Feed / Newbie

dcs02d

In the Brooder
9 Years
Feb 15, 2010
48
0
32
I just about to go get my first three hens from a local farm. I need to buy some food. What feed do you guys recommend? Is it just as well to order online or should I head out to the local farm store?
 

Ridgerunner

Crossing the Road
12 Years
Feb 2, 2009
27,265
20,052
907
Southeast Louisiana
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Congratulations. Eggciting isn't it!!!!
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Depends on their age. If they are of laying age, get layer. This site gives some good information.

Oregon State Feeding Chickens
http://extension.oregonstate.edu/catalog/html/pnw/pnw477/#anchor1132074

I get mine from the local feed store. I am not certified organic so that might make a difference to you. Do you have any specific criteria that would cause you to mail order it? I think a vast majority of us get feed from the local feed store and most of the rest mix their own.
 

chicmom

Dances with Chickens
10 Years
Feb 24, 2009
8,696
285
316
Strasburg Ohio
Hello!

The type of feed you buy really depends on the chicken's age. If they are little chicks, I use chick starter/grower. The brand I buy is what TSC sells, called Dumore. You can feed your chicks this food until they are 20 week old.

Now, if they are hens that are ready to begin laying, then you want 16% layer food, which gives their little bodies the nutrition they need to lay those wonderful eggs.

I buy Dumore, but you can get any brand, really. For laying hens, I like the pellet form instead of the crumbles because there is less waste.

Good luck with your chickens!

Sharon
 

flockof4

Songster
9 Years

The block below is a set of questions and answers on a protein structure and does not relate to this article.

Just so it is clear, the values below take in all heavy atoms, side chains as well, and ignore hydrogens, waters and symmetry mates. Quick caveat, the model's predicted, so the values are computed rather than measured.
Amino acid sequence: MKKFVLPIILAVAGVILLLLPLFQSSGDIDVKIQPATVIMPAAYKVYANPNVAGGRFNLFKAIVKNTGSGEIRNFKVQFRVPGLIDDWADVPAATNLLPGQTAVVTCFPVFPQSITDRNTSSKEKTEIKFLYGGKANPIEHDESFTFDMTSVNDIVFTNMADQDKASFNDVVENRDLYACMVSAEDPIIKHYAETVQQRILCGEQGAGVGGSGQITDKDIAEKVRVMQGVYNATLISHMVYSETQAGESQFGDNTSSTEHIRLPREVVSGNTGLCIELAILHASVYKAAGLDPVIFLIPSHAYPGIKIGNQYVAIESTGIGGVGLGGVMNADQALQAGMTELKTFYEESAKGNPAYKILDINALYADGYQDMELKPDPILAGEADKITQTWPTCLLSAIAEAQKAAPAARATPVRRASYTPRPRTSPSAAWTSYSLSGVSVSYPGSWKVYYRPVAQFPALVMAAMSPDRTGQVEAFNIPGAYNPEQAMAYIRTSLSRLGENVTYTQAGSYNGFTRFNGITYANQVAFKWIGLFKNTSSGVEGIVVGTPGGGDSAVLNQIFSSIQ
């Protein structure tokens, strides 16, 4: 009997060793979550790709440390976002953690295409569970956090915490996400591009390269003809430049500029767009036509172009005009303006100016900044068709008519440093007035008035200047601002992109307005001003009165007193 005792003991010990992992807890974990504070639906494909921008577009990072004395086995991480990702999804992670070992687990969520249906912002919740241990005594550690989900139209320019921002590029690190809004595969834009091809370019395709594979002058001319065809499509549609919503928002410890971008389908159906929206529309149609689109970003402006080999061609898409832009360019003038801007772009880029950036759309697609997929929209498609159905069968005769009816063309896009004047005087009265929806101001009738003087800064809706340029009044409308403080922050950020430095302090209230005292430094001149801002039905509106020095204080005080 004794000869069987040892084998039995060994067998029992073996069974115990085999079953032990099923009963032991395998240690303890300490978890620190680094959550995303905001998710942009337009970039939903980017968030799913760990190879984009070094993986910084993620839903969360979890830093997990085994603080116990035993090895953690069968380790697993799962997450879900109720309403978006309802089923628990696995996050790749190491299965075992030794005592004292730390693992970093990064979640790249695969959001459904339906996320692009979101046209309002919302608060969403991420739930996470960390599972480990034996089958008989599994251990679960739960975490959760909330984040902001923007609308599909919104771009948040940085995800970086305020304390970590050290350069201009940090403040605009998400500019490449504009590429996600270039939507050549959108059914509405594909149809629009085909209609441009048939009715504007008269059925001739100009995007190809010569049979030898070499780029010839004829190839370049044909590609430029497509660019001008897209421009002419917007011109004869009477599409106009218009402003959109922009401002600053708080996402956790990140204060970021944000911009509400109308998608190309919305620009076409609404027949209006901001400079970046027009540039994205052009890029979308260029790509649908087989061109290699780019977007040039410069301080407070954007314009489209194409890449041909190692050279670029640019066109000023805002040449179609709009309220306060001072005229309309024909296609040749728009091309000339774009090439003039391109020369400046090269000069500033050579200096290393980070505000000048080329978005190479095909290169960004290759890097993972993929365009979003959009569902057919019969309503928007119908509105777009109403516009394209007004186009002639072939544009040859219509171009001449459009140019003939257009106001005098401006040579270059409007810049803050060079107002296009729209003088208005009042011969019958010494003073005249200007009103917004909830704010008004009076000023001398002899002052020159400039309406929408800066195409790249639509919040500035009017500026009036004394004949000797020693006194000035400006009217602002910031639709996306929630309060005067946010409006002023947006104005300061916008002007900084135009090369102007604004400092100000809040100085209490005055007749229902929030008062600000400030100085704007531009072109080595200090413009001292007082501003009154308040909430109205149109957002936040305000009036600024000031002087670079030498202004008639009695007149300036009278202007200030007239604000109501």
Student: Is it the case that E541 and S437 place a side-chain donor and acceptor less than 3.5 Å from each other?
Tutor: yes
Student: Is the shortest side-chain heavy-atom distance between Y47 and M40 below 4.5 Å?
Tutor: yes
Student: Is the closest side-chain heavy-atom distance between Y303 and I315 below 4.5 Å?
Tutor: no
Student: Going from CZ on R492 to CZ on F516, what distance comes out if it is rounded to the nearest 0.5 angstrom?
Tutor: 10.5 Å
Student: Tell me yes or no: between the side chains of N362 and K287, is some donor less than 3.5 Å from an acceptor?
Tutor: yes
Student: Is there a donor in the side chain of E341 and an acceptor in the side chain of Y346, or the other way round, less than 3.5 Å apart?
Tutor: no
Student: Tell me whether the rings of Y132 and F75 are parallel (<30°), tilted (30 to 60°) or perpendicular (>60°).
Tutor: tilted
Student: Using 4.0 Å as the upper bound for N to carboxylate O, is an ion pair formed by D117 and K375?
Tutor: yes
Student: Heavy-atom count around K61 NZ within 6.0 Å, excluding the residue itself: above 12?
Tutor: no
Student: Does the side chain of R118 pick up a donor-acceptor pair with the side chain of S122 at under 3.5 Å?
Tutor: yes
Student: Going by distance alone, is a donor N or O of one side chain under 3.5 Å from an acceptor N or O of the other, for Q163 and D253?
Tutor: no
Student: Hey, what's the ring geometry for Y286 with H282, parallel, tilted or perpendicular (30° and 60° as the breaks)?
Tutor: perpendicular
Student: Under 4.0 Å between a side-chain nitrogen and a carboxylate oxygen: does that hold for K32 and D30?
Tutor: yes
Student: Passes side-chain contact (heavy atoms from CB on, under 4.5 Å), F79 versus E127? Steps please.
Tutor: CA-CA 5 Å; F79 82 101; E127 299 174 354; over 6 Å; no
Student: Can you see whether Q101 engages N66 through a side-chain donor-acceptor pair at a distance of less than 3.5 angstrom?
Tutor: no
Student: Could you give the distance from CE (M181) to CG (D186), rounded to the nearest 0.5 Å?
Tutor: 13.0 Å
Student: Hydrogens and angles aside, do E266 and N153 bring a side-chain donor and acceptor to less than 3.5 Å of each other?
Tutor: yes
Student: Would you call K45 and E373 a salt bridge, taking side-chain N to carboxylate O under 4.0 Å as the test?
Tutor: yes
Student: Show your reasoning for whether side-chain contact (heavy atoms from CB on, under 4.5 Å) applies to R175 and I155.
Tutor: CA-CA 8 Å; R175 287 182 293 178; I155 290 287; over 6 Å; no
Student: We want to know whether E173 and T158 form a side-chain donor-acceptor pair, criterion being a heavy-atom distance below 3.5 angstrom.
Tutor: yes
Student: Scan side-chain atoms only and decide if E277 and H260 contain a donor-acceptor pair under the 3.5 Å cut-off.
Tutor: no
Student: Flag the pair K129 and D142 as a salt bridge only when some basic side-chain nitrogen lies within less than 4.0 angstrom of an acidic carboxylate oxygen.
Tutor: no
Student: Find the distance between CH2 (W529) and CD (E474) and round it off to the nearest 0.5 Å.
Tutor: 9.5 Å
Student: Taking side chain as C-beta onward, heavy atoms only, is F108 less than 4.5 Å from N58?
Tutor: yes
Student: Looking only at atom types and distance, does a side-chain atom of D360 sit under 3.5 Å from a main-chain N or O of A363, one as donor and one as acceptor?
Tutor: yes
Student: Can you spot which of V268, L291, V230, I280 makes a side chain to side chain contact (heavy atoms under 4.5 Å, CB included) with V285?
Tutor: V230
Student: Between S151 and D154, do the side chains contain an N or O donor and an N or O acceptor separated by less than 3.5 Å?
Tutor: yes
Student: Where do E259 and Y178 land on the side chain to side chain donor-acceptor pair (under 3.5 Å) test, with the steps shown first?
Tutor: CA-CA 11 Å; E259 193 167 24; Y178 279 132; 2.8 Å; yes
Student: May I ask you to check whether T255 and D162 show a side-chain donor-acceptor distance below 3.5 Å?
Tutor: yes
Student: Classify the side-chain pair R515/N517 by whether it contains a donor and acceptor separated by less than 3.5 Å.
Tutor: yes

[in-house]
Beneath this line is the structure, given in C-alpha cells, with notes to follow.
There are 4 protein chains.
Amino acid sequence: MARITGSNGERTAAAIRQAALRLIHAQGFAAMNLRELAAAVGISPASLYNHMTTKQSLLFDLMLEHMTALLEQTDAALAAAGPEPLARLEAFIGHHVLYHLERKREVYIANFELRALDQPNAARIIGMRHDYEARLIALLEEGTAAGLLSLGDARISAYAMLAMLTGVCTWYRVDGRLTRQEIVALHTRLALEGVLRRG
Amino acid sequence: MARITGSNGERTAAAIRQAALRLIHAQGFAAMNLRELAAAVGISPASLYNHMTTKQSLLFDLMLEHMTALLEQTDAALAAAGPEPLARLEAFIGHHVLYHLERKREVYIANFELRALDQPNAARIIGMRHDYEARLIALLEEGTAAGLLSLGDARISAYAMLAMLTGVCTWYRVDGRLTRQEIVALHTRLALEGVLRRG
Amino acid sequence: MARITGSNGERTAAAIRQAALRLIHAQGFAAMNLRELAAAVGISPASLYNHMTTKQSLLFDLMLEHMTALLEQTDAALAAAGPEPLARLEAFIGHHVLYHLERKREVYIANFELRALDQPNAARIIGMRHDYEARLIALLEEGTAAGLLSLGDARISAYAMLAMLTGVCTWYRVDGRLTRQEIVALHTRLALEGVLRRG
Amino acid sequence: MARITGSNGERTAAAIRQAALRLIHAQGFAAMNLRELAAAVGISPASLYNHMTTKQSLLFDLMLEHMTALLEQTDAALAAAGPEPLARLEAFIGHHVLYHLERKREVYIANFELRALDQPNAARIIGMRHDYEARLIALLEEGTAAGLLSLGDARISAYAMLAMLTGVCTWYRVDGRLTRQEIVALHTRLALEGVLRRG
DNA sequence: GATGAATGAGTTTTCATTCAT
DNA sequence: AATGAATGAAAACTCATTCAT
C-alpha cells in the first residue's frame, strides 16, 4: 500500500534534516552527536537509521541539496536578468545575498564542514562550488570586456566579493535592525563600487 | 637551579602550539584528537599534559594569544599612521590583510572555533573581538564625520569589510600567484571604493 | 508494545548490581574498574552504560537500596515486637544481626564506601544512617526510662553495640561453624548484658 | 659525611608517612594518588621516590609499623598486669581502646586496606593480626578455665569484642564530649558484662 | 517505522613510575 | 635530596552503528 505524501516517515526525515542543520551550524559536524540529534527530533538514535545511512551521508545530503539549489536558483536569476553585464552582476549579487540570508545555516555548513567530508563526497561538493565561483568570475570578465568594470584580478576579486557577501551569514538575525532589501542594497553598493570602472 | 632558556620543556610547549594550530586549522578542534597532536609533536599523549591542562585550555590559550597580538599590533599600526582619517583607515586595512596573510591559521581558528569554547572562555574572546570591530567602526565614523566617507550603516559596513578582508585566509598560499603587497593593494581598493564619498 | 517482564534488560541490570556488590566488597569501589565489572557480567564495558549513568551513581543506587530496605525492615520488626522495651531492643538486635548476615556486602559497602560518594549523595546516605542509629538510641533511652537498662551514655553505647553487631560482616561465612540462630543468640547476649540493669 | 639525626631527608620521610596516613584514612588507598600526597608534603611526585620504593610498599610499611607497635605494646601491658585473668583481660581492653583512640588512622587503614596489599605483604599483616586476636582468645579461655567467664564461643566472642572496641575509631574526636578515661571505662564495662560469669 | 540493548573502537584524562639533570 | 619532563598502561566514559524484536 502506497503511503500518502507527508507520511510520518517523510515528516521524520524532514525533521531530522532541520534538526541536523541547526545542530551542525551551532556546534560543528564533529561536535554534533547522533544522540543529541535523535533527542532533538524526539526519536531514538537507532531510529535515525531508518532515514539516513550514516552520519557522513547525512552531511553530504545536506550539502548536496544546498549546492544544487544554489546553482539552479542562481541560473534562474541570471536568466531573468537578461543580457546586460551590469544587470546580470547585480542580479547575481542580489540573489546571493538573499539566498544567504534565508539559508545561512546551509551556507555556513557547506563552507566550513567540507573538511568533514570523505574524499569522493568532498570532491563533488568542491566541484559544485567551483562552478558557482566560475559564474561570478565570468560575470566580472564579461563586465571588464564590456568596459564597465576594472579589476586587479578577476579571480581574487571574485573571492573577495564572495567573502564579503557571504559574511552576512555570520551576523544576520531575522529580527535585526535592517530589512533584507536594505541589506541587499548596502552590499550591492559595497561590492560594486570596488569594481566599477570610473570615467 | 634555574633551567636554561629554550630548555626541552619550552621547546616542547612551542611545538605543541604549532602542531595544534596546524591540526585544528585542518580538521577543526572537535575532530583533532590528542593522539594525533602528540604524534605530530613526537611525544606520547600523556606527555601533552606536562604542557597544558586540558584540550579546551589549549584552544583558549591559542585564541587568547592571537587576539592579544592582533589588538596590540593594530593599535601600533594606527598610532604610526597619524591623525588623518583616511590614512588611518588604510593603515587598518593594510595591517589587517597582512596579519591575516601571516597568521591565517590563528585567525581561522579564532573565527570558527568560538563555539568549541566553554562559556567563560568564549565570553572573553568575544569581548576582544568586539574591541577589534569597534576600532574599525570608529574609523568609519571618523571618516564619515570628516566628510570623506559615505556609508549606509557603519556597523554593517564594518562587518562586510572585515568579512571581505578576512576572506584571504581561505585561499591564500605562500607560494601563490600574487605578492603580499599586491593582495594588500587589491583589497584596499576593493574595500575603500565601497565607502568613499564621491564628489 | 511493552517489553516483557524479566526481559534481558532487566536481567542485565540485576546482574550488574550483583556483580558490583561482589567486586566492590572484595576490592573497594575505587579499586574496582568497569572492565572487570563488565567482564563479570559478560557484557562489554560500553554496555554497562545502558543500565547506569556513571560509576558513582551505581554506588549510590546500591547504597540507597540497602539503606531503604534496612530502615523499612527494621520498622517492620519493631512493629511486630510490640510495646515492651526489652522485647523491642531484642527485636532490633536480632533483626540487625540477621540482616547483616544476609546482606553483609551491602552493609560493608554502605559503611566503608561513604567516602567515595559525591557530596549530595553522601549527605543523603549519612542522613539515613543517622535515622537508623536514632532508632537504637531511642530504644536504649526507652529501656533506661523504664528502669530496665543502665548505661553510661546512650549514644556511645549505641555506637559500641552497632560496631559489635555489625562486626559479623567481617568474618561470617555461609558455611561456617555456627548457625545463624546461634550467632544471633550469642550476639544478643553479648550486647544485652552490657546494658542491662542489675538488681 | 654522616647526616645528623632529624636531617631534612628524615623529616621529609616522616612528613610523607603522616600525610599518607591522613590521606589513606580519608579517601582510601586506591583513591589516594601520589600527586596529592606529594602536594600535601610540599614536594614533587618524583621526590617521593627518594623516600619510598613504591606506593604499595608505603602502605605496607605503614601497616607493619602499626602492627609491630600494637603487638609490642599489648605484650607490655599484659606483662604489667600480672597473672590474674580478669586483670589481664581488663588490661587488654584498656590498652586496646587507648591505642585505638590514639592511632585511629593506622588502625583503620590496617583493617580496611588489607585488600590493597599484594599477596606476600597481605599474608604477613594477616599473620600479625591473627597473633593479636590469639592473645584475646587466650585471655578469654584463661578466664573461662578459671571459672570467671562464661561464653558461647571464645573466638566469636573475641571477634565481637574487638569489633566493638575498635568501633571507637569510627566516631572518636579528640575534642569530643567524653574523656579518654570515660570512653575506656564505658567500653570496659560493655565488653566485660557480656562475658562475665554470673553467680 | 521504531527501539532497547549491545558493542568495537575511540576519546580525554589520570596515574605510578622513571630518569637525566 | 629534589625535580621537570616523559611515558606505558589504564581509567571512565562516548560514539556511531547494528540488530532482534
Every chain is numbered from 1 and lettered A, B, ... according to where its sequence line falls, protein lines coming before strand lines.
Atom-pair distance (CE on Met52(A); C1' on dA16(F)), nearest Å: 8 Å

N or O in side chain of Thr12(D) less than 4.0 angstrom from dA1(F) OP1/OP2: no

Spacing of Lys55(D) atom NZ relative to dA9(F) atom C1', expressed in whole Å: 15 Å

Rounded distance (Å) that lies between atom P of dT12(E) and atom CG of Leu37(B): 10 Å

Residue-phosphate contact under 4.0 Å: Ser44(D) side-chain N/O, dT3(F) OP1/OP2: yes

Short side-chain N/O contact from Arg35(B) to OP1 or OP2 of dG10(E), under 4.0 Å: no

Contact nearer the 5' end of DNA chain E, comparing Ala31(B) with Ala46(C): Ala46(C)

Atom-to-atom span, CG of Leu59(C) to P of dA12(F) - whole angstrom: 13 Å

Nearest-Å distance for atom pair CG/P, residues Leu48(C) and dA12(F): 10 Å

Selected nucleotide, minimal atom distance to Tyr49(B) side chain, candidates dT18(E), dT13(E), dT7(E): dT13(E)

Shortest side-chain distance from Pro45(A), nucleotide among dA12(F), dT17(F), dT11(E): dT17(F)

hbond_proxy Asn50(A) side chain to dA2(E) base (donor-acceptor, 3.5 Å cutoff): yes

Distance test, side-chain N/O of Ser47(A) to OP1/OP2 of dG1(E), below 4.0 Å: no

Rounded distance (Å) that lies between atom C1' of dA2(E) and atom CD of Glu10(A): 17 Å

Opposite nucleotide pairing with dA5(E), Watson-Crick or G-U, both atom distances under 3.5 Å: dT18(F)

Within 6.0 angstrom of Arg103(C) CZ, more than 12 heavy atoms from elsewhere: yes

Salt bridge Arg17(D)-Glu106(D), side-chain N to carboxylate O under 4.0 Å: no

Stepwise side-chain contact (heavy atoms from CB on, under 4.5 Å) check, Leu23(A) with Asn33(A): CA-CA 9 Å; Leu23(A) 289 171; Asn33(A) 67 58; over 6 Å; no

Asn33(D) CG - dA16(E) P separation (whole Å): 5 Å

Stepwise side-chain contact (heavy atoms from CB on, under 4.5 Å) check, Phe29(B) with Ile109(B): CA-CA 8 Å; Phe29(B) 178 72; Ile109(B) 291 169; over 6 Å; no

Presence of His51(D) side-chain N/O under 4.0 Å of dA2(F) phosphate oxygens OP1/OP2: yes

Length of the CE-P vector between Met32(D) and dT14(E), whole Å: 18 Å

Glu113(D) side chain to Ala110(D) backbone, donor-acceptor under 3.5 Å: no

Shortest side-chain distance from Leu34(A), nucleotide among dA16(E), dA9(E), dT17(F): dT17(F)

Feb 10, 2010
272
5
119
Webster Groves, MO
I agree with the other posts. It seems that most feed stores have a chick starter/grower and then a layer feed. The difference being the % protein of the feed. It seems like the chicks need somewhere between 18-20% protein and then when they start laying it goes down to about 16% protein. Definitely check out that link to the OSU extension service and keep checking back here for different advice. Good luck.
 

JRchickchick

In the Brooder
9 Years
Feb 16, 2010
53
3
33
Eugene, OR
At the local store, Coastal, Purina has a little coupon page to get your new chicks off to a great start.

It's for Purina Start and Grow, and then for Purina Layena. Here they come in small and big bags, but $4 is nice savings!

If you go to:
www.betteranimals.com/newchick
and register your new chick, you get a $2 off coupon in the mail soon, and then another for their Purina Layena (for layers)
in a few months.
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dcs02d

In the Brooder
9 Years
Feb 15, 2010
48
0
32
Well I was planning to buy pullets. I want them feathered so they can go outside and I don't have to build any accommodations for chics.

Young hens I suppose. No plans to sell the eggs. I just want eggs that are good for me and my kids and hens that are fun for the two year old and 4 year old
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What is the best material for the nest and should I put something down on the floor of my hen house? The floor is removable and small so its easy to clean.

I'll google around but does someone know of a nice list of things that are bad for chickens to eat? I'll post it on the back door
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JRchickchick

In the Brooder
9 Years
Feb 16, 2010
53
3
33
Eugene, OR
Get yourself a nice book, like Chickens for Dummies. Plenty of great answers and good to have as a reference for the middle of the night when something has chomped on your chicken, or your chicken looks funny, and figuring out what to expect. I checked them out from the local library first and Storey's Guide to Raising Chickens, and both are really good books.
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You'll need to give them some grit, and some calcium in the form of oyster shell for promoting good shell production. When you eat eggs, save the shells, crunch them up and feed back to them too. If you have cracked eggs, you can cook them up and feed them back to the chickens for good protein too.

You might cut a piece of scrap vinyl flooring to put down to help protect the floor, then pine shavings on the floor 3-4" or so, and toss some chicken scratch daily to get them to scratch in it and stir the bedding, to keep it from matting down, and forming a stinky matted mess. That will work in the nests too.
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